Wood excited for new opportunity with Bucs

Wood excited for new opportunity with Bucs

PITTSBURGH -- One could hardly tell that Brandon Wood, fresh off a red-eye flight from California to Pittsburgh, was running on two hours of sleep. Minutes after donning his new No. 2 jersey, Wood smiled and spoke glowingly about the opportunity to revive his career with the Pirates.

Wood arrives having previously known only one organization. He was picked by the Angels in the first round of the 2003 First-Year Player Draft and remained in their system until being designated for assignment this past week. The Pirates, looking for another option at short, plucked Wood off waivers.

"I'm definitely happy," Wood said of the change of scenery. "You get to know an organization for so long that it's hard to leave because you're leaving your friends. But from a baseball standpoint, I come to a good place. There is a much better opportunity for me here than there was in Anaheim."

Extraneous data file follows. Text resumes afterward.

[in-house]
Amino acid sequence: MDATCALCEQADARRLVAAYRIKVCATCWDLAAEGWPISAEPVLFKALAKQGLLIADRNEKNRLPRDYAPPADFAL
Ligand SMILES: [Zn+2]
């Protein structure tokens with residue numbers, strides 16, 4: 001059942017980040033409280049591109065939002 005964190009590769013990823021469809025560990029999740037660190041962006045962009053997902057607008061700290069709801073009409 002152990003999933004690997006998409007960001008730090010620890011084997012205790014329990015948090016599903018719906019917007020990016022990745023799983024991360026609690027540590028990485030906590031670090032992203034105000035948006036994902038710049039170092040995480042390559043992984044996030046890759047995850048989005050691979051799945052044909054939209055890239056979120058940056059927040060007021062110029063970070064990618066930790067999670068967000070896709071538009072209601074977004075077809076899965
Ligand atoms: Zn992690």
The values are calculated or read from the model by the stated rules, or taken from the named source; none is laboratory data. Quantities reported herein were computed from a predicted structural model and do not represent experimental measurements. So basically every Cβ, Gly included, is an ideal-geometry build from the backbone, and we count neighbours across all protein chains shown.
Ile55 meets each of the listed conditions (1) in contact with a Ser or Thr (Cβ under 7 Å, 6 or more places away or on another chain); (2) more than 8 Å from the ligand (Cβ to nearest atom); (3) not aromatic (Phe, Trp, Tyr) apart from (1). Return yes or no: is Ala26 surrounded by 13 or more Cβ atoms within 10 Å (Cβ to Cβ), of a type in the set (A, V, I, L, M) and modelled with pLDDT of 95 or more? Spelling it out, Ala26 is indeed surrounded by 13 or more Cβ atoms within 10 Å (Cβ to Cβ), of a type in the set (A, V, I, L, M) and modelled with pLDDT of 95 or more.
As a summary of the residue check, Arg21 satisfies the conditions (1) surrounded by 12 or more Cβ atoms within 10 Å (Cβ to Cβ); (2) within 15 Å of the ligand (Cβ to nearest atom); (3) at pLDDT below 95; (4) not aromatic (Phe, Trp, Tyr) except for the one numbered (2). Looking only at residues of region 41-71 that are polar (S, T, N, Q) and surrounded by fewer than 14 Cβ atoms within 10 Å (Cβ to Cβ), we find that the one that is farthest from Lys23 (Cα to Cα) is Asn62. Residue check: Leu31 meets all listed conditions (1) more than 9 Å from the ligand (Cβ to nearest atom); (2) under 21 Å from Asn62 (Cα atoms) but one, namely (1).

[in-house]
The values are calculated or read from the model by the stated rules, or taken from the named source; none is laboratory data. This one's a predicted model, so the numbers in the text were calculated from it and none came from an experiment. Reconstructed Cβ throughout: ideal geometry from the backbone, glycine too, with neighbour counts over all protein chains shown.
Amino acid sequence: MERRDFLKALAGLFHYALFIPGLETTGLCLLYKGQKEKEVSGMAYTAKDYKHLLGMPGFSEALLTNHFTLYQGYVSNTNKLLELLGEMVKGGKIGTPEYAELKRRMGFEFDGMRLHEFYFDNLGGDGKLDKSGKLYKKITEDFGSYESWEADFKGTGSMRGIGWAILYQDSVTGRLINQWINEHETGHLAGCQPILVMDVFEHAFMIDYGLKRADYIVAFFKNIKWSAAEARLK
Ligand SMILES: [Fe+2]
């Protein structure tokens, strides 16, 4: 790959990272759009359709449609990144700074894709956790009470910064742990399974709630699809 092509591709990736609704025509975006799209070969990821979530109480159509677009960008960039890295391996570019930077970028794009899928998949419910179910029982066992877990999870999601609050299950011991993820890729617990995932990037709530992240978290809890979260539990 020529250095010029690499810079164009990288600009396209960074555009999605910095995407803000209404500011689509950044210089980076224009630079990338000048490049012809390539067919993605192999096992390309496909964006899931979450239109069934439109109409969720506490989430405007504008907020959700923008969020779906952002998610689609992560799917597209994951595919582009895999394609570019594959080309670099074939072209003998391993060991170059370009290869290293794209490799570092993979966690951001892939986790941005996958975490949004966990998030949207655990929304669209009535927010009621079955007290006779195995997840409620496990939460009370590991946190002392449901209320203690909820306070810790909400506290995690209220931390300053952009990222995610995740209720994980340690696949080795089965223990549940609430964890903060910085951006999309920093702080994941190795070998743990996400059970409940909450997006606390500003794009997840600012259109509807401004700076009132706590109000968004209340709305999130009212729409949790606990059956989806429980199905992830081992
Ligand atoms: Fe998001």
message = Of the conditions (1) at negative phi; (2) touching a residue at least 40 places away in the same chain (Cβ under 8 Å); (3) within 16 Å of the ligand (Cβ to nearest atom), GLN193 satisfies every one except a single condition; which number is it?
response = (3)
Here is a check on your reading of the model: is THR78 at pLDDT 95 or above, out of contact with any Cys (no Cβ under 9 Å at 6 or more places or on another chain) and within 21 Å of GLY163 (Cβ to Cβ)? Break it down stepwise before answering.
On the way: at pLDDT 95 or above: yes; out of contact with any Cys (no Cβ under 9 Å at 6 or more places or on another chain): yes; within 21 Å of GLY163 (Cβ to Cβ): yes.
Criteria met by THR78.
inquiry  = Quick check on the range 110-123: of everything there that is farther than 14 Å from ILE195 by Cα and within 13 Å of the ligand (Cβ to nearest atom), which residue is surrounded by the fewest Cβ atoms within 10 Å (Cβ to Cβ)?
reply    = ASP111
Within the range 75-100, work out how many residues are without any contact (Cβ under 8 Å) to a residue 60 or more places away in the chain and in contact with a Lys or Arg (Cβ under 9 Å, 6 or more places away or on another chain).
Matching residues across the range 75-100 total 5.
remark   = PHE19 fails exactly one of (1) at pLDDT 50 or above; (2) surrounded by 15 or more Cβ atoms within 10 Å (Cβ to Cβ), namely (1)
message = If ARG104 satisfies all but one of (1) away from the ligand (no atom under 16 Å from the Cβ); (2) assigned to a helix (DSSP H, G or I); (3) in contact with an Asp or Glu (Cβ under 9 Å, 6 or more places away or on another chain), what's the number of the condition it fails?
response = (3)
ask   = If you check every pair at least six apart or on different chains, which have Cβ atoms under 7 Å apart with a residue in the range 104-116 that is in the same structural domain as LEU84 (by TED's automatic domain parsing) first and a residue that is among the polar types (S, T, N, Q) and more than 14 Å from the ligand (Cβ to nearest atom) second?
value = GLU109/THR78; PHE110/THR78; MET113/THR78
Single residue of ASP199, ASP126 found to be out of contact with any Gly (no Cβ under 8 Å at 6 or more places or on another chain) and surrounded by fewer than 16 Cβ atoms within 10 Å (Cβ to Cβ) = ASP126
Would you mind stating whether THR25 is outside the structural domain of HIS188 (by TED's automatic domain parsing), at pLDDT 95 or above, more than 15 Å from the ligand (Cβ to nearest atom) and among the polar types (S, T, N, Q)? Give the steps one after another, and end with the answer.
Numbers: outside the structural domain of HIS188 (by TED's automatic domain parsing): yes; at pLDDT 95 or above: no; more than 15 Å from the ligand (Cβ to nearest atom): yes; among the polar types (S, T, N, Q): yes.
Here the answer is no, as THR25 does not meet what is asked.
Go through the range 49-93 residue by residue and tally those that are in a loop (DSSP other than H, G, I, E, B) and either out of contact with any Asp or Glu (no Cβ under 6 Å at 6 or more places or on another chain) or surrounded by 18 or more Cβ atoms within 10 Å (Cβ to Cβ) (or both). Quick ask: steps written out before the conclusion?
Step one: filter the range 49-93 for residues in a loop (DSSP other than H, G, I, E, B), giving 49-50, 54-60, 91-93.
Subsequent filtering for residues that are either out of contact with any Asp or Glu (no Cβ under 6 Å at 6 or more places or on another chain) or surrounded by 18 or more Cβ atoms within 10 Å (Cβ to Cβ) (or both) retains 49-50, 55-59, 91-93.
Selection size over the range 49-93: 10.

On Saturday, Wood talked about freeing himself of the external expectations that loomed over him with the Angels. Once one of baseball's top prospects, Wood never found his footing in the Majors. In parts of five seasons, he hit .168 with 11 homers in 173 games. That was a far cry from his torrid Minor League numbers, which included 43 homers in 2005.

"I had a black cloud over my head," Wood said, speaking of the external pressure. "I would get 30 or 40 at-bats here or there and struggle, and it was like, 'Why isn't this kid hitting a home run every seven at-bats?' I always had that around my head. I'm just here to relax and play baseball and make it fun again."

The Pirates haven't specifically divulged how the playing time will be split between Wood and Ronny Cedeno at short. But Wood is expected to get plenty of at-bats. He will also be an option at third or first, and possibly at second base after he gets some defensive work there.

Upon Wood's arrival on Saturday, Pittsburgh optioned Pedro Ciriaco back to Triple-A. Ciriaco had been called up on Friday as reinforcement until Wood landed in Pittsburgh.